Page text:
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Wellness Wednesday: Resting and Reflecting


Thanks so much for stopping by for another Wellness Wednesday! This week’s post is going to be short, sweet, and to the point. In the spirit of keeping the holiday season simple and family-centered, I’m going to be taking a break from doing this link-up until the new year. After Jan. 1, I am seriously considering changing Wellness Wednesdays to a once a month rotation instead of once a week. Even though hosting weekly does get me writing here at least that often, there are a lot of other topics I would like to explore outside of the holistic health arena. I don’t always have the bandwidth to write more than once a week, I want to use that time to the fullest and write on the things that are most on my mind and heart.

All that to say, Wellness Wednesday will continue in 2019, but possibly not as frequently. Please do go ahead and add your post to the link-up this time around! I will be leaving it open through Christmas and New Years for those that find this post a bit later in December.

Until next time, have a happy, healthy holiday!
Kiel
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The Reading Report, Vol. 17: Back to the Classics 2018 Wrap-up

How on earth is it already the second week in December? Life here in the Lemon house has been so full (of mostly good things) that I just can’t seem to keep up with the passage of time. But at long last, here I am with my final report and wrap-up on the 2018 Back to the Classics Challenge. I will be posting some other bookish news and reviews on non-B2tCC reads later on this month, I hope. For today, though, I will just be listing all the finished titles under their categories and linking each title back to the post in which I gave a brief review of the finished book.

Back to the Classics Challenge 2018 Wrap-up

1. A 19th Century Classic: Uncle Tom’s Cabin by Harriet Beecher Stowe

2. A 20th Century Classic: Howards End by E. M. Forster

3. A Classic by a Woman Author: Whose Body by Dorothy Sayers (read in place of Age of Innocence by Edith Wharton)

4. A Classic in Translation: The Wreath (book 1 of Kristin Lavransdatter) by Sigrid Undset

5. A Children’s Classic: Heidi by Johanna Spyri (This is the most recently finished book on my list, so I didn’t get a chance to post a finished review after last month’s “in progress” report. We both loved the book, although I did end up feeling like Heidi’s character was a little too perfect throughout. The lessons taught still ring true, regardless.)

6. A Classic Crime Story: The Moonstone by Wilkie Collins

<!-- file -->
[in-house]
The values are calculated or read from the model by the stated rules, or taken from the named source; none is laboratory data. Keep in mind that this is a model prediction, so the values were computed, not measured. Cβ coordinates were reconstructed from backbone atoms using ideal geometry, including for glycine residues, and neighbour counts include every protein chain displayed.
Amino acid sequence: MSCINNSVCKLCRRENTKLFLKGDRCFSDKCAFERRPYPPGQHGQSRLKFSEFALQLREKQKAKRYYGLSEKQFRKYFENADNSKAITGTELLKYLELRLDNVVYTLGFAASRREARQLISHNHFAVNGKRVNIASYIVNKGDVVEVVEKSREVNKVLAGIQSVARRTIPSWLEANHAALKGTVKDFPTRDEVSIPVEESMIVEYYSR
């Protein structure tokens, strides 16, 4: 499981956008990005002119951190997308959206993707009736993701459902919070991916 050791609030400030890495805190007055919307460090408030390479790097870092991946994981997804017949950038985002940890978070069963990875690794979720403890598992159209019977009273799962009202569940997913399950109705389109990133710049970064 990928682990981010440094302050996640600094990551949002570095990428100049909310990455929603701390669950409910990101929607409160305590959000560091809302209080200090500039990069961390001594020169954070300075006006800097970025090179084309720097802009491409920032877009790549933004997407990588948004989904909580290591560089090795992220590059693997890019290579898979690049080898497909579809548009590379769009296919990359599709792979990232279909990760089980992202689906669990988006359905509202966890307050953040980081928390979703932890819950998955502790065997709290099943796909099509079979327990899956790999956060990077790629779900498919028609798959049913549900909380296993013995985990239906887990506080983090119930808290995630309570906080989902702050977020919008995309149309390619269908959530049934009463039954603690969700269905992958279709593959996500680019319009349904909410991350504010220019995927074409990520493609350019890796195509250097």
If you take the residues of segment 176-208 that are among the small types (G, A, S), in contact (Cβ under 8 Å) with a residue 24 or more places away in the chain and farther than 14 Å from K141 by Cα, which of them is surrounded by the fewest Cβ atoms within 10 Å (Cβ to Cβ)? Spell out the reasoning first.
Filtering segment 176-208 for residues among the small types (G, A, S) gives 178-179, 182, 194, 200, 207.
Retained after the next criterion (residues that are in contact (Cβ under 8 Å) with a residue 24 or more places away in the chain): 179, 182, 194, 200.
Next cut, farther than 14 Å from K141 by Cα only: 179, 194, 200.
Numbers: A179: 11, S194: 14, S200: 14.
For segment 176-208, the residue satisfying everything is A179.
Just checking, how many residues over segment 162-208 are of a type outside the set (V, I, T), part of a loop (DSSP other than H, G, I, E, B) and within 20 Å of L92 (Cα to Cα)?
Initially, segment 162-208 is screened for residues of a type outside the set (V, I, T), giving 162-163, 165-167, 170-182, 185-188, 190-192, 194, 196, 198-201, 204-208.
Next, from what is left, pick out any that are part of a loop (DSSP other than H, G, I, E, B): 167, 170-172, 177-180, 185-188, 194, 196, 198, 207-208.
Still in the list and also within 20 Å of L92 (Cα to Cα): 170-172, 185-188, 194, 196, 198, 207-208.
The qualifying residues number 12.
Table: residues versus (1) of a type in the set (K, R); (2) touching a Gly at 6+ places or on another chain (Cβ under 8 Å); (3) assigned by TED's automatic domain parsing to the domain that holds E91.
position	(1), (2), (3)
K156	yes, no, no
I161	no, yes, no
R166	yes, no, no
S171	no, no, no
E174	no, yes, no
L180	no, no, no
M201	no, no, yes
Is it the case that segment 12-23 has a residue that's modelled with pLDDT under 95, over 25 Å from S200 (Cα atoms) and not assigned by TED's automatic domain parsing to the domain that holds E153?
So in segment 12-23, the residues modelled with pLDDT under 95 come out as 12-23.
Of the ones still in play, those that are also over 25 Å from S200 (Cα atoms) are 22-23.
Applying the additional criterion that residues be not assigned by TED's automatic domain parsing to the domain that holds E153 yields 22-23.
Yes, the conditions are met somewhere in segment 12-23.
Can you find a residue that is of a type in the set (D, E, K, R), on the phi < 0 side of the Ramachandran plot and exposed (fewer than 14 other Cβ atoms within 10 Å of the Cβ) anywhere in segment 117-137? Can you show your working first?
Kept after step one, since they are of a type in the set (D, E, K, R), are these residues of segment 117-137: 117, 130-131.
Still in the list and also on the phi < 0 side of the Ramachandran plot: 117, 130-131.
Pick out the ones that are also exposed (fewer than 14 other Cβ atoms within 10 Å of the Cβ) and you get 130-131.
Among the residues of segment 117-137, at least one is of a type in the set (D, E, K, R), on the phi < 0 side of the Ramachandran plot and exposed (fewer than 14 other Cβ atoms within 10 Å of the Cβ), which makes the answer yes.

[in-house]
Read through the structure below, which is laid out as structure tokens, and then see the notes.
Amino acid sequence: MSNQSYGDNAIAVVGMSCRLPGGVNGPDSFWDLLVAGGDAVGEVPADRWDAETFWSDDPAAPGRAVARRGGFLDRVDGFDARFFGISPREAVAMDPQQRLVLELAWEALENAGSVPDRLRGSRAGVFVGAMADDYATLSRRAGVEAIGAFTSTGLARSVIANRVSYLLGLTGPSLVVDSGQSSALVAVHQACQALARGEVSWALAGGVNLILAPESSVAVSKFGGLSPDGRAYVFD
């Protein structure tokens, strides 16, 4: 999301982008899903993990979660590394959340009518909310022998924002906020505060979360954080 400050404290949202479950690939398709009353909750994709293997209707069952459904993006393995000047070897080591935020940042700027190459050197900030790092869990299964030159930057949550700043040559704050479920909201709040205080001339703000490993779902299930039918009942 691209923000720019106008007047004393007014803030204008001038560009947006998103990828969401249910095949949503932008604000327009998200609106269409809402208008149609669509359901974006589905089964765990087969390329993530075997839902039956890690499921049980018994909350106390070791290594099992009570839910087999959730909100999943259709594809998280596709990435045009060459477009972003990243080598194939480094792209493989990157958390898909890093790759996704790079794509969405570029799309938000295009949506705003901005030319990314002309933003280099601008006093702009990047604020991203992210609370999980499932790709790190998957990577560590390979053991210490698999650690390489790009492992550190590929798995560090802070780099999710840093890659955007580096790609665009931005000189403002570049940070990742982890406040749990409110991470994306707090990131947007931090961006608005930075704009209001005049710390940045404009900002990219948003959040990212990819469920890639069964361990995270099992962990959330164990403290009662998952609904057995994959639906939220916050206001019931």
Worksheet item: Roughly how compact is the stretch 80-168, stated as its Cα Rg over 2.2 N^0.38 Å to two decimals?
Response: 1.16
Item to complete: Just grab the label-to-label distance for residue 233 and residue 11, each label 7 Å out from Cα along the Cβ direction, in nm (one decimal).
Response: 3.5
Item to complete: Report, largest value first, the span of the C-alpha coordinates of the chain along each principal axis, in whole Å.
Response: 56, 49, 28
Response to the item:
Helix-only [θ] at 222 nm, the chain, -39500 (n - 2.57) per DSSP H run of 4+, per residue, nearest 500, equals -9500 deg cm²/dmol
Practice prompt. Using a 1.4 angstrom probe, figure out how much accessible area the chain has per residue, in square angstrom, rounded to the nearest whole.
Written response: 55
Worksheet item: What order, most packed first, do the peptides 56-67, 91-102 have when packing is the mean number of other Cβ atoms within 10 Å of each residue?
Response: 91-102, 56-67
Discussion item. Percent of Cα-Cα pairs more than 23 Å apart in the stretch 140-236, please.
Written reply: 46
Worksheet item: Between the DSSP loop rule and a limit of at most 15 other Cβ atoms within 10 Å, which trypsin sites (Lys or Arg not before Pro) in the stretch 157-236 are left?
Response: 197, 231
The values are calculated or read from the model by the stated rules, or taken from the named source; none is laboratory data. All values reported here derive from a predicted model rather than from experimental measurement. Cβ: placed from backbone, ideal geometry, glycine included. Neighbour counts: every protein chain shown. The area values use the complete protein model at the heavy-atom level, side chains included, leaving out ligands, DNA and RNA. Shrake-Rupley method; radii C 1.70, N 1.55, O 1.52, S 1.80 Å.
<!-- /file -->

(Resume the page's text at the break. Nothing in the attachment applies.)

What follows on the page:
7. Classic Travel or Journey Narrative: 20,000 Leagues Under the Sea by Jules Verne

8. Classics with a Single-Word Title: Utopia by Thomas More

9. Classic with a Color in the Title: White Fang by Jack London

10. Classic by a New-to-You Author: The Power and the Glory by Graham Greene (in place of The Spiritual Life by Andrew Murray)

11. A Classic that Scares You: Frankenstein by Mary Shelley

12. Re-read a Favorite Classic: Persuasion by Jane Austen

I am so proud of myself for pushing through some of the less enjoyable choices I made for the challenge. And I must say that I am glad I participated this year! Also, according to my records on Goodreads, I have finished 54 books in 2018, which is a big deal for me! I honestly think this challenge pushed me to up my reading game across the board. Now I need to decide whether I want to tackle the 2019 challenge. We shall see!

Until next time, happy reading!

Tuninghearts (at) gmail (dot) com

Wellness Wednesday: Diffuser Recipes for a Happy, Healthy Holiday

 

As we enter the Christmas season, here in the northern hemisphere, we also enter winter and cold and flu season! So this week I thought I would share a few holiday diffuser recipes using essential oils to boost your immune health while also adding a bit of Christmas cheer to your home. Unlike scented candles or wax melts, essential oils do not add toxins to the air but, rather, support our overall health and wellness when we inhale them. Because of the amazing way that scent affects the brain, we also reap positive emotional benefits from diffusing essential oils. Enjoy these lovely essential oil diffuser combos during this season for a happy, healthy holiday!

Want to link up? I would love to read your thoughts on your own health and wellness journey! Follow the instructions below to join the link-up and share!

How to participate:

  1. Write a post on a topic related to wellness, and add your link to the list below.
  2. Grab the Wellness Wednesday logo graphic below and put it in your linked post, also with a blurb mentioning and linking back to that week’s link-up.
  3. Please stop by at least two other participants’ blogs and leave a comment on their Wellness Wednesday posts. This doesn’t take long, and it is really encouraging and helpful for building community and continuing the conversation!

P.S.--If you want to know more about the type of essential oils our family prefers, you can check out my Hearts, Minds and Oils page!